MCUs vs. MPUs: Choose the right one for your industrial application

MPUs offer more functionality and faster time to market, while MCUs provide a smaller, more cost-efficient solution.


  • Microcontrollers (MCUs) feature on-chip memory and peripherals to minimize footprint and cost while optimizing power efficiency.
  • Microprocessors (MPUs) deliver high performance, high flexibility, and more memory, but place RF, analog, and memory modules off-chip, which increases size and bill of materials (BOM).
  • The line between the two is blurring–MCU vendors increasingly include simple software driver libraries, while MPUs have begun to offer more integrated peripherals.


In the industrial environment, as in the consumer electronics space, embedded designers need to deliver more for less: more performance, functionality, and flexibility for less cost, lower power consumption, and smaller footprints. At the same time, industrial components must meet stringent requirements for reliability, robustness, and lifetime, even in the face of punishing operating conditions—and they need to do it year after year.


The first step to meeting all these conflicting demands is to choose the appropriate central processing unit (CPU). Microprocessors (MPUs) deliver sophisticated, purpose-built performance, but at the cost of greater complexity, larger size, and bigger bills of materials (BOMs). Microcontrollers (MCUs) can’t do it all, but for the types of clearly constrained problems frequently found in industrial applications, the right MCU can deliver significant capabilities for a very reasonable price. Let’s take a closer look at the performance characteristics and the design trade-offs involved in each to help you choose the right component for your product.


Key differences

From a high level, we can classify the differences between an MCU and MPU in following ways:

  • MCUs have internal flash memory and are intended to operate with a minimum amount of external support ICs.  They commonly are a self-contained, system-on-chip (SoC) designs.
  • MPUs rely on external memory and sophisticated power supplies to provide higher processing ability with much greater flash and RAM capacity.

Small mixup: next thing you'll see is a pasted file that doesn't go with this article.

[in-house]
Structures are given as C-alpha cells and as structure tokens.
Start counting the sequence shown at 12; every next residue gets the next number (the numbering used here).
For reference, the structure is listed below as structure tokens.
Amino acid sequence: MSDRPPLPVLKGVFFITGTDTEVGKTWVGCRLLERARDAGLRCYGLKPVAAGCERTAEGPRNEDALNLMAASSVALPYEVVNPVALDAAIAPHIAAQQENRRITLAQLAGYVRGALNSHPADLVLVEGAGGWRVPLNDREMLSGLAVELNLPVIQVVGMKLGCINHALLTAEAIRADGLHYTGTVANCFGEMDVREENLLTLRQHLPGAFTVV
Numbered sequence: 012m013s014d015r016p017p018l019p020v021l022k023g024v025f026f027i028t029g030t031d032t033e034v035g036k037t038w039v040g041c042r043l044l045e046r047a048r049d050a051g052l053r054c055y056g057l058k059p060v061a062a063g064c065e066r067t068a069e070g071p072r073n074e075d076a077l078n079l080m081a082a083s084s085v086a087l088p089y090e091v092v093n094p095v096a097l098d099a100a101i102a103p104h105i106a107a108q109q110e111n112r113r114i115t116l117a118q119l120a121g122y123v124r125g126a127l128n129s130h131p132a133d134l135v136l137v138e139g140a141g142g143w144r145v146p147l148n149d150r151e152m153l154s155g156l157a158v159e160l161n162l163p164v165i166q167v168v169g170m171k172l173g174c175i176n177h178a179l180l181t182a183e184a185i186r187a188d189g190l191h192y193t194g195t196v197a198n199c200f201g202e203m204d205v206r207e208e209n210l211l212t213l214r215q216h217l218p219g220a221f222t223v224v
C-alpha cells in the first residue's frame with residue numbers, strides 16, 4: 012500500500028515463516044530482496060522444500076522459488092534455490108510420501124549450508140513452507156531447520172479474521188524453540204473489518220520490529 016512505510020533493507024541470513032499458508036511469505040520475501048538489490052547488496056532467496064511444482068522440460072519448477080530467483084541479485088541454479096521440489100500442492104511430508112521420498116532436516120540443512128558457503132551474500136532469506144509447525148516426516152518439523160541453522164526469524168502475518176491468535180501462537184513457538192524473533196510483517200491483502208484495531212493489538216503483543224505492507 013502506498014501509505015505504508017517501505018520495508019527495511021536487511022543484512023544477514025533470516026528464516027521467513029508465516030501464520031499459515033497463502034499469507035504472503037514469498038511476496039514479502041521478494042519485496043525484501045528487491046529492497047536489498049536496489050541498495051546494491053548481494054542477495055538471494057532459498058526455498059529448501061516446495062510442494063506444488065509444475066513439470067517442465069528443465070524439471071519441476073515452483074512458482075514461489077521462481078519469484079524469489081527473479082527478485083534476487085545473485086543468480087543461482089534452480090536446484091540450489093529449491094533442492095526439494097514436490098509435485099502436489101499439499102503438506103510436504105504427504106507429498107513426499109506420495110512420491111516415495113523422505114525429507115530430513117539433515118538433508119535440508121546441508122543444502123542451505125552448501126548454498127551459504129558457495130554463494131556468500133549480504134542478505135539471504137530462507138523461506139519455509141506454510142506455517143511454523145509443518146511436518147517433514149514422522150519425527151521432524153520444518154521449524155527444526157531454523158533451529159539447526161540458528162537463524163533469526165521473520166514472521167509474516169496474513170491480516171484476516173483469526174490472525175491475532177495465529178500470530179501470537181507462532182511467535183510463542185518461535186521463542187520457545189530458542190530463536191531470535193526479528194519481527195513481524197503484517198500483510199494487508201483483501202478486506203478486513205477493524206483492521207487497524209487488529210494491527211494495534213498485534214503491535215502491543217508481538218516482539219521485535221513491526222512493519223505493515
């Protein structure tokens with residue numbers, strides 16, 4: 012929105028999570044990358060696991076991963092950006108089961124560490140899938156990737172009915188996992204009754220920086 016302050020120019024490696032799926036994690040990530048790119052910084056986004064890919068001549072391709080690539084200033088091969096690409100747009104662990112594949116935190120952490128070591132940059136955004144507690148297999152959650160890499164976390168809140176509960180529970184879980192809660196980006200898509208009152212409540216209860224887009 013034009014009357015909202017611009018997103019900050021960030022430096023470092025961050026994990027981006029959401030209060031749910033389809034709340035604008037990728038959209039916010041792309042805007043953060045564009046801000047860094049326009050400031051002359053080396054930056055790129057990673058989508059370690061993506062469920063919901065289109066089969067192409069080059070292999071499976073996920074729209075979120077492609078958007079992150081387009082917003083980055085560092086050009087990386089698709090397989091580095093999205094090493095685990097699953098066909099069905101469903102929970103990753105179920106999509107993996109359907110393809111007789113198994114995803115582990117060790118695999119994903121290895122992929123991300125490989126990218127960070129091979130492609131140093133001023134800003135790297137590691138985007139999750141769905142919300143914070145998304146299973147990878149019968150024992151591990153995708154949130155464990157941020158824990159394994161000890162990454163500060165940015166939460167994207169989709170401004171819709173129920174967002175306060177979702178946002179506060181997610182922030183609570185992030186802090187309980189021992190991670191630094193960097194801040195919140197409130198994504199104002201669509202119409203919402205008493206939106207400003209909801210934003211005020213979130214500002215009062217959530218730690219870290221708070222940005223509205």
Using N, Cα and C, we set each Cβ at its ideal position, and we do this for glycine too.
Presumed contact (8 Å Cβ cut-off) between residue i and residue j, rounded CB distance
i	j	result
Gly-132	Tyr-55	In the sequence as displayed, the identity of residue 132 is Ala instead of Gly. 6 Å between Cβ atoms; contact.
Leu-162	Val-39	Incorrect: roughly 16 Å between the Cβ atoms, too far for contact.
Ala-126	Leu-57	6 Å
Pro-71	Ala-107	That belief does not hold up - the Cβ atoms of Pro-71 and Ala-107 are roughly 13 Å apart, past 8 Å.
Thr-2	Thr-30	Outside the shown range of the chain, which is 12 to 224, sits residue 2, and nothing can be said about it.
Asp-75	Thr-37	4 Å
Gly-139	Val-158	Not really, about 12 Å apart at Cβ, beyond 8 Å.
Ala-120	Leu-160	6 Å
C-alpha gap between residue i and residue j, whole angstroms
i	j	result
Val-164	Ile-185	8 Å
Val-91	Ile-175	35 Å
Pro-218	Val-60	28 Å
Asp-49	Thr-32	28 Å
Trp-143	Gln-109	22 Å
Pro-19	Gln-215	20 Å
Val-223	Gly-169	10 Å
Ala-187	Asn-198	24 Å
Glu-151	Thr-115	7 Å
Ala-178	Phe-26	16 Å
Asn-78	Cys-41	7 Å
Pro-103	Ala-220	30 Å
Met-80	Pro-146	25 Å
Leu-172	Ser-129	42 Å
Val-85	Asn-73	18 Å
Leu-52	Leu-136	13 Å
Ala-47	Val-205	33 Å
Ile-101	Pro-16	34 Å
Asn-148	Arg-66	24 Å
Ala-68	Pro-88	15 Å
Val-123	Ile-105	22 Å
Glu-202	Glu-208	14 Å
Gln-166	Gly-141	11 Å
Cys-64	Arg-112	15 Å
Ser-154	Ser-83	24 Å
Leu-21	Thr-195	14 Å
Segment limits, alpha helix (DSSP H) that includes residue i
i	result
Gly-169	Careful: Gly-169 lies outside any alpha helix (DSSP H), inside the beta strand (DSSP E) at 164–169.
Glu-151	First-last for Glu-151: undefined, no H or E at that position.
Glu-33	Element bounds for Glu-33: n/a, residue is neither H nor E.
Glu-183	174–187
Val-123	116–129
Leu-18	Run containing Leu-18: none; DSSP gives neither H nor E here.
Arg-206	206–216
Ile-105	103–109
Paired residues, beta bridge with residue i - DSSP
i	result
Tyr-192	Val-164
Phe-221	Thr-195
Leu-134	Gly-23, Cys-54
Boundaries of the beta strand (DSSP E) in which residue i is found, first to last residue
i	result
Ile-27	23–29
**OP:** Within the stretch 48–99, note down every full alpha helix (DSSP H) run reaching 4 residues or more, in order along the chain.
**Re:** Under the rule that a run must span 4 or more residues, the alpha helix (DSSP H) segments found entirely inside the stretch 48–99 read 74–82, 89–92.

Also known as application processors or media processors, MPUs are normally very high performance compared to MCUs produced at the same time. All that speed and digital functionality comes at the expense of reducing analog functionality and cutting out nonvolatile memory entirely, though. As a result, MPUs typically perform many system-level functions off-chip using external ICs such as NOR flash, dual data rate (DDR) RAM, power management ICs, analog-to-digital converters (ADCs), codecs, and touch-sense controllers.


MPUs generally use open-source operating systems such as Linux and Android, although high-reliability applications may require proprietary operating systems like those from Green Hills Software and Wind River. These operating systems include a library of drivers, for example for codecs, Ethernet, USB, etc. Most MPU providers create and maintain both Linux and Android releases for their evaluation boards, often supporting them with large software teams. Full-fledged operating systems make the development of software much more simple and lend themselves to “plug and play” hardware.


These levels of functionality require significantly more memory. The Linux kernel alone, without application code, can be 1 to 5 MB, for example. Although it can be stored in non-volatile flash, it must be transferred to DDR memory for high-speed execution. This approach results in faster execution of the code, but requires longer boot time, consumes board space, and adds to the BOM. Because of the sophistication of the applications, OSs, and hardware involved, MPUs require file and memory management functionality like structural partitioning, wear leveling, error correction code (ECC), and bad block management (for NAND). All of these capabilities add complexity and cost.


MPU trade-offs

Although the performance of MPUs makes them effective for demanding applications like touch-screen HMIs, they are not necessarily the best solution for every problem, particularly in the industrial sphere. MPUs commonly use cores with extended pipelines, caches, speculative branching, and out-of-order execution. Although these features can greatly improve overall code execution performance, they also introduce some problems, like interrupt latency. Interrupt latency is defined as the time between when an interrupt event occurs and when code to service that interrupt starts to execute. Multi-stage pipelines can require several clock cycles to store the current pipeline information before beginning to service the interrupt, so that the process can be restarted coherently afterward.


For time-sensitive applications like motor control, consistent latency is critical for safe operation. Unfortunately, variability in user configurations prevents vendors from specifying interrupt latency for an MPU; as a result, the devices are not suitable for most motor control applications.